May 21, 2020
In the near future, the Washington State Secretary of Health will be issuing written directives to skilled nursing facilities related to mandatory COVID-19 testing. Under Secretary John Weisman’s order, all residents and staff will be required to be tested for COVID-19 within two weeks of the issuing of the directive. All skilled nursing facilities that have completed testing for all residents and staff anytime after April 1, 2020, will likely be exempted from this requirement. All tests and PPE will be provided to each skilled nursing facility in order to ensure prompt completion of this directive. More details will be forthcoming.

Following the completion of skilled nursing facility testing, the state will begin working with assisted living facilities with dedicated memory care units to accomplish testing for all residents and staff there. Assisted living facilities without memory care units will follow after testing in memory care units is complete. Any facility having already conducted testing of residents and staff since April 1, 2020, will be exempted from the testing requirement. Routine testing of staff, likely to be every two weeks, will also be expected in all long term care facilities. 

There are many questions yet unanswered, and WHCA is working with regulatory agencies to solidify answers to those questions. Those questions include but are not limited to:
  • If facilities have already conducted their own testing, how or will they be expected to forward their results, and if so, to whom?
  • Who will do the ordering of tests in assisted living and memory care units? Who will order tests for staff?
  • Who will bear the cost of staff testing if the staff person does not have insurance?
  • Who will conduct the testing in facilities where staff is unable?
  • What types of tests will be conducted? (There was some discussion, particularly in memory care settings, where anterior nasal testing would likely be better than the deep-dive nasopharyngeal tests.)
  • If a resident and/or staff has tested positive and recovered, will they be required to take another test?

While there seem to be more questions than answers, WHCA wants to keep members informed regarding these testing issues and will update you as we get more answers. If you have questions, please email Elena Madrid or Vicki McNealley .

In the meantime, please reassess your PPE allotment and consider once again steps you will take in your community if any positive cases result from this testing.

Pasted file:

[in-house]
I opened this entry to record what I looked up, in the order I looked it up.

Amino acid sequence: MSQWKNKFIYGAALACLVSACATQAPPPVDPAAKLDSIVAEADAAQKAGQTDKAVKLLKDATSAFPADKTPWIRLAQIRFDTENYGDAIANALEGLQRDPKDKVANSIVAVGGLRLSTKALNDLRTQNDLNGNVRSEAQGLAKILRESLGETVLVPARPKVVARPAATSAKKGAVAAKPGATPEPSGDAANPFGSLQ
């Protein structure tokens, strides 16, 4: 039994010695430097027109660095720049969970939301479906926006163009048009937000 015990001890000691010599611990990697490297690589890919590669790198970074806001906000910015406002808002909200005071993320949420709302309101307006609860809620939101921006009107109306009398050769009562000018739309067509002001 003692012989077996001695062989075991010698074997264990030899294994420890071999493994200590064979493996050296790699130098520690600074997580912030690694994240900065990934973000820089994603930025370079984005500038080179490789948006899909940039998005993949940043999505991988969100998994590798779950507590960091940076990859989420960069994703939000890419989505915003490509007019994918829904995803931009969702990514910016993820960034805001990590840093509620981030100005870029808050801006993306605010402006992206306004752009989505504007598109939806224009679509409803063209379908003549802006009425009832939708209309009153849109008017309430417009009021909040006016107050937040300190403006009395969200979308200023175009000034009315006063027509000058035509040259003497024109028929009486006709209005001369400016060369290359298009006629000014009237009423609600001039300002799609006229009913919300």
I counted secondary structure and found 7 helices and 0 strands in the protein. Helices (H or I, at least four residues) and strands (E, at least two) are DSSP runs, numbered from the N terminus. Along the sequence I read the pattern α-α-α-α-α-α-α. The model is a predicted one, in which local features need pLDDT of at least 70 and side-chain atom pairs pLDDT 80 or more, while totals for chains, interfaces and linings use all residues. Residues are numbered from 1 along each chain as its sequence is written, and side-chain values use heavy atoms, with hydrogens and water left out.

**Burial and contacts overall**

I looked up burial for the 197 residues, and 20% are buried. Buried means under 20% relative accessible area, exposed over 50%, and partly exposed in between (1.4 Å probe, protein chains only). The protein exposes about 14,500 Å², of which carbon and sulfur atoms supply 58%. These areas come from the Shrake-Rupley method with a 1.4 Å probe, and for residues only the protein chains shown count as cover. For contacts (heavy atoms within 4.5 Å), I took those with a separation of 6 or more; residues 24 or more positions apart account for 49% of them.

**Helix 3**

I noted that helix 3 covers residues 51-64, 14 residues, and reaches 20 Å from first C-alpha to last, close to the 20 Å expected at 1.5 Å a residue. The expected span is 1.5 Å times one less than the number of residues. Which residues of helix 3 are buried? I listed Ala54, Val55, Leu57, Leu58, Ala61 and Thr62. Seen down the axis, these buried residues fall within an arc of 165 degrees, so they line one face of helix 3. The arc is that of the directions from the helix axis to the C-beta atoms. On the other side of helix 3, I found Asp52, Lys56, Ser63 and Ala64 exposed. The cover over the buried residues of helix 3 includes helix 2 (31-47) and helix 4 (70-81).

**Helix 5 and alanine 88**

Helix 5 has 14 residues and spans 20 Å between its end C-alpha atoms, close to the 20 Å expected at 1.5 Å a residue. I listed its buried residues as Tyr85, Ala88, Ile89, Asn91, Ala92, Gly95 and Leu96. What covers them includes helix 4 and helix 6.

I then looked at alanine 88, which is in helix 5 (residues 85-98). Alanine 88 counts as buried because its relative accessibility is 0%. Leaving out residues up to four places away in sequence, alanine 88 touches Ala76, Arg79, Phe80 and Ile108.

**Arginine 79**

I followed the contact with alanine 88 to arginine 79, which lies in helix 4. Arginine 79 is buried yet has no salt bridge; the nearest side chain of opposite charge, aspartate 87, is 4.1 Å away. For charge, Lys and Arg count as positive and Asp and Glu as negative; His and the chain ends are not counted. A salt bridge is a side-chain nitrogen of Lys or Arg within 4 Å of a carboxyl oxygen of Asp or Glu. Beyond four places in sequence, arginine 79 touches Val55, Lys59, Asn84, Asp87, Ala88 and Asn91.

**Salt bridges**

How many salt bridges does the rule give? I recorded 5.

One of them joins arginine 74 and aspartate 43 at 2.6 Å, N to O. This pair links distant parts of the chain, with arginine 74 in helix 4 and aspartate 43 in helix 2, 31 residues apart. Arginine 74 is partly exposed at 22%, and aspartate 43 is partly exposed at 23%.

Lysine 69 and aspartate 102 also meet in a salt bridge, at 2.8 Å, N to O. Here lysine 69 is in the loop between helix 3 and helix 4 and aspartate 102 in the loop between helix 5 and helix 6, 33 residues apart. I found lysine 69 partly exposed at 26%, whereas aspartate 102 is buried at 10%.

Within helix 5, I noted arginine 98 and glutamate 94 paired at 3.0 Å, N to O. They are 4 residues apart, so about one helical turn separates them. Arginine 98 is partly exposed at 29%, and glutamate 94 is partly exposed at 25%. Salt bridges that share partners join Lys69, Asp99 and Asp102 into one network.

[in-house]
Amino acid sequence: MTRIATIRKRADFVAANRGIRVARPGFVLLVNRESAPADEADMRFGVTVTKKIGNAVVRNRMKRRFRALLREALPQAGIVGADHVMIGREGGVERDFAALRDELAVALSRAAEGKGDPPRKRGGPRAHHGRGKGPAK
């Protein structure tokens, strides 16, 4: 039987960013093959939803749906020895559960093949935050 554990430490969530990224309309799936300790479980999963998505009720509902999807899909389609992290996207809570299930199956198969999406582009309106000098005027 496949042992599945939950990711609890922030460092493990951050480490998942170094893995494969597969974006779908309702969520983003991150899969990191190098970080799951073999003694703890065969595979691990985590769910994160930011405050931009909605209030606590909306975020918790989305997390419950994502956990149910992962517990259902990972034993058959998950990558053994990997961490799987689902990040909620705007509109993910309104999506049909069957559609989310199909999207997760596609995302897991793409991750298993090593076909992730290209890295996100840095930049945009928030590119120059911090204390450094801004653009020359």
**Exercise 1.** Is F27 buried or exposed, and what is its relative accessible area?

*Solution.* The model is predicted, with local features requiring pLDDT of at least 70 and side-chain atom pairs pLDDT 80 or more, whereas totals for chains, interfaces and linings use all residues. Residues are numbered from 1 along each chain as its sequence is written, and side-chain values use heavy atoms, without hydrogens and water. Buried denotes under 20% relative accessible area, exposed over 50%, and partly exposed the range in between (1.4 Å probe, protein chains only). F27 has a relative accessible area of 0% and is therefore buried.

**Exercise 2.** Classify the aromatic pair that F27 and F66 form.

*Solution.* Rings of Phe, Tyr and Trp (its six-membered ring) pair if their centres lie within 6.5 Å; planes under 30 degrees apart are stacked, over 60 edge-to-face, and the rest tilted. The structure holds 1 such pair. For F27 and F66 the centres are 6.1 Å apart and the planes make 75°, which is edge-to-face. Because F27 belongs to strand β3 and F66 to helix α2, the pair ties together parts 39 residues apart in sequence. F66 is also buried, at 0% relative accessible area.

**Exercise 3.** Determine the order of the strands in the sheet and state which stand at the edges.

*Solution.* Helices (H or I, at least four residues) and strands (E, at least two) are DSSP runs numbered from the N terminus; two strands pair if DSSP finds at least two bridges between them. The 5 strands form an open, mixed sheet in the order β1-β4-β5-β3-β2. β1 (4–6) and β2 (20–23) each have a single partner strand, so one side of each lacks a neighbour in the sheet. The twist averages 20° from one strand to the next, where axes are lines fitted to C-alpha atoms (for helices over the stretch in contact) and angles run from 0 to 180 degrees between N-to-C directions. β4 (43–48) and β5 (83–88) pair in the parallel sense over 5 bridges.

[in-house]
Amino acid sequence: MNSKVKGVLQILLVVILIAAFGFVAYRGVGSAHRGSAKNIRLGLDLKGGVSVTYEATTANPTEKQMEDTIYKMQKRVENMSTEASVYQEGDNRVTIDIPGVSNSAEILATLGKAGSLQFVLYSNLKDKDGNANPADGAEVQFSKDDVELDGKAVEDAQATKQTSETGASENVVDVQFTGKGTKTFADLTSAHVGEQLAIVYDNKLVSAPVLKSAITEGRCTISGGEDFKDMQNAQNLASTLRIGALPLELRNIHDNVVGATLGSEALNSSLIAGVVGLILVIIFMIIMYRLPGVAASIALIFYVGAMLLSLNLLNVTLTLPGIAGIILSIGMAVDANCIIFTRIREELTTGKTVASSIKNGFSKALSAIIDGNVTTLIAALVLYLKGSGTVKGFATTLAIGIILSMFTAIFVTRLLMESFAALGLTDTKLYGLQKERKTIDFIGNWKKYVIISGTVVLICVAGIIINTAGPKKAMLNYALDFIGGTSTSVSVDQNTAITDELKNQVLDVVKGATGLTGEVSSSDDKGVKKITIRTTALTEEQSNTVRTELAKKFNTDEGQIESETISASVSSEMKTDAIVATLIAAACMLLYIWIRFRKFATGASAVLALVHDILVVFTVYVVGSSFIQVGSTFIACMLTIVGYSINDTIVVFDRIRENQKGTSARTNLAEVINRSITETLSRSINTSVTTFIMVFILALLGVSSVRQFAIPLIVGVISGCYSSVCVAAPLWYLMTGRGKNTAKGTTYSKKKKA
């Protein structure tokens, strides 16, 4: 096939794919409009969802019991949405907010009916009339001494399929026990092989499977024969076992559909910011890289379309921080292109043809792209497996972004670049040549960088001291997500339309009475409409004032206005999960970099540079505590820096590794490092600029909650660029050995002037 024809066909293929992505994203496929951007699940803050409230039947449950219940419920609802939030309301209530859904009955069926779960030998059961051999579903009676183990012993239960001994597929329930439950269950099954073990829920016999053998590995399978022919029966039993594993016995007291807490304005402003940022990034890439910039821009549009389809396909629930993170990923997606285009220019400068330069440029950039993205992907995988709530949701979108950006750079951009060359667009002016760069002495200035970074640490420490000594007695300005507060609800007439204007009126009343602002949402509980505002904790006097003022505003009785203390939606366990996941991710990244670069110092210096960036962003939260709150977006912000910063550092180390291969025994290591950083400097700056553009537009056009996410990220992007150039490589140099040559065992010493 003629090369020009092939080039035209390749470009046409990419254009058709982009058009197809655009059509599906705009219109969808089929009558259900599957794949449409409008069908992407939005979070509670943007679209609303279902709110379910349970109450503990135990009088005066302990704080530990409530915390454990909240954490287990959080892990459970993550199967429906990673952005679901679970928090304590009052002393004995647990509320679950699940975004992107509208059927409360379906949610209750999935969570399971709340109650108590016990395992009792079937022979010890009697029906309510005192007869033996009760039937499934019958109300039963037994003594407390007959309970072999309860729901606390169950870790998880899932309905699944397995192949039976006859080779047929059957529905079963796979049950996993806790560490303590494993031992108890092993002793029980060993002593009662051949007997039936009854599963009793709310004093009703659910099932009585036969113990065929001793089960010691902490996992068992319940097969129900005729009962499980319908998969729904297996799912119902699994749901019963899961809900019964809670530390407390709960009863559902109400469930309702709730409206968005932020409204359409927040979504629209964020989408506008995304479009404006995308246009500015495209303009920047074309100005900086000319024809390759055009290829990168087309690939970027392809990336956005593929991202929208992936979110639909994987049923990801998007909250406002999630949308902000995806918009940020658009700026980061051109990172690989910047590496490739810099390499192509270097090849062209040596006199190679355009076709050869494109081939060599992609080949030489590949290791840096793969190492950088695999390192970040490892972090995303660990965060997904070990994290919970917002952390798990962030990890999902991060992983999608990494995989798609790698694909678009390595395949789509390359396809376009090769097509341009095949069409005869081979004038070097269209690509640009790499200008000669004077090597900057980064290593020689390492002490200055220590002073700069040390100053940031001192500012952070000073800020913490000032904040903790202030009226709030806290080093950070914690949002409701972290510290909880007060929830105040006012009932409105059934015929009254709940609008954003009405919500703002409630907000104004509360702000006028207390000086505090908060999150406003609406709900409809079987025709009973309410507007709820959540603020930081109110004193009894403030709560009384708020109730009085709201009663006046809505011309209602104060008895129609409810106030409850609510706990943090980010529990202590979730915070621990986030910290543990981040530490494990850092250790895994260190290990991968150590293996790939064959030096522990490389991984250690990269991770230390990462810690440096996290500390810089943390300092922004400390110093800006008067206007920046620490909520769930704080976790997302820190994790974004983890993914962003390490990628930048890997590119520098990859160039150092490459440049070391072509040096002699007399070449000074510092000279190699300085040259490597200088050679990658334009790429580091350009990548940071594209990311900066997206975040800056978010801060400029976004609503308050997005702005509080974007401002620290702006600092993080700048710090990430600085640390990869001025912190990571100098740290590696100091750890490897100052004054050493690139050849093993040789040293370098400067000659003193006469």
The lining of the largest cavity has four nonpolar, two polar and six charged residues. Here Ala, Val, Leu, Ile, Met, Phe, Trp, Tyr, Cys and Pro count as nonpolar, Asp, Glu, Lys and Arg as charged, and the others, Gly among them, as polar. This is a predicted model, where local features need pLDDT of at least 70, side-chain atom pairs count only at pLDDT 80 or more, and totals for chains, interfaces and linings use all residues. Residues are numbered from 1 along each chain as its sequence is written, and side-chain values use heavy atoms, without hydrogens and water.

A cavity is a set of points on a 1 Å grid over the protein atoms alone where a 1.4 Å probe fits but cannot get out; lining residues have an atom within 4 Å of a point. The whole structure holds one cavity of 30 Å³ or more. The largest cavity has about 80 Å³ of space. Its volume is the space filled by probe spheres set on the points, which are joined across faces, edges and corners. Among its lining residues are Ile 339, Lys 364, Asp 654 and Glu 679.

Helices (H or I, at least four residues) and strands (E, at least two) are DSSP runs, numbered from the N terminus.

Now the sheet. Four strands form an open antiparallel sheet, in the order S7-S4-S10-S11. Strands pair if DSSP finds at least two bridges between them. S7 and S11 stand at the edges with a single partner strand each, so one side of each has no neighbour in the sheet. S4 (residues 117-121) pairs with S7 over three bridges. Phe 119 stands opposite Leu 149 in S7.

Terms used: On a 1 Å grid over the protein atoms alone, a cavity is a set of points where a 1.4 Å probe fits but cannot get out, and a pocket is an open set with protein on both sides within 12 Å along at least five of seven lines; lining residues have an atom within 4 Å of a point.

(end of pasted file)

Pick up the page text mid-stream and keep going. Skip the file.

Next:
On May 19, the U.S. Department of Health and Human Services (HHS) posted four FAQs on Change of Ownership (CHOW).

The four CHOW FAQs are: 
  • Can an organization that sold its only practice or facility under a change in ownership in 2019 and is no longer providing services, accept payment and transfer it to the new owner? 
  • If the current TIN owner has not yet received any payment from the Provider Relief Fund, it may still receive funds in other distributions. Can a provider that purchased a TIN in 2019 accept a Provider Relief Fund payment from a previous owner and complete the attestation for the Terms and Conditions? 
  • If, as a result of the sale of a practice/hospital, the TIN that received a General Distribution payment is no longer providing health care services as of January 31, 2020, is it required to return the General Distribution payment? 
  • How does the organization account for these acquisitions when submitting revenue information in the Payment Portal? 

The UnitedHealth Group CARES Provider Hotline has given guidance that does not align with the FAQs. AHCA/NCAL has requested clarification on how to address action steps already taken related to CHOWs based on Hotline Guidance, as well as a list of other questions to HHS.
The U.S. Department of Labor’s Occupational Safety and Health Administration (OSHA) has adopted revised policies  for enforcing OSHA’s COVID-19 requirements, which will become effective May 26, 2020. The previous memorandum  will be rescinded.

OSHA is increasing in-person inspections at all types of workplaces. In geographic areas with sustained elevated community transmission or a resurgence, OSHA will prioritize on-site inspections for high-risk workplaces, such as health care providers treating patients with COVID-19.

OSHA is also revising its previous enforcement policy for recording cases of COVID-19. Under OSHA’s recordkeeping requirements, COVID-19 is a recordable illness. Employers are responsible for recording cases of COVID-19 if the case: 

Under the new policy issued, OSHA will enforce recordkeeping requirements for employee COVID-19 illnesses for all employers. OSHA acknowledges the difficulty in determining whether a COVID-19 illness is work-related, especially when an employee has experienced potential exposure both in and out of the workplace. OSHA’s guidance emphasizes that employers must make reasonable efforts, based on the evidence available to the employer, to determine whether it would be considered work-related.
As long term care providers work to respond to the COVID-19 pandemic impacting our region, there have been many questions. We have incorporated frequently asked questions into our FAQs for Assisted Living and FAQs for Skilled Nursing . We encourage you to review the updated documents if you have questions regarding COVID-19. You may find answers there and links to other helpful information and resources. You are always welcome to contact the WHCA office at (800) 562-6170 to seek help and answers as well.
WHCA continues to post resources and information as it becomes available on our website . If you have questions or need additional information, please call the WHCA office at (800) 562-6170.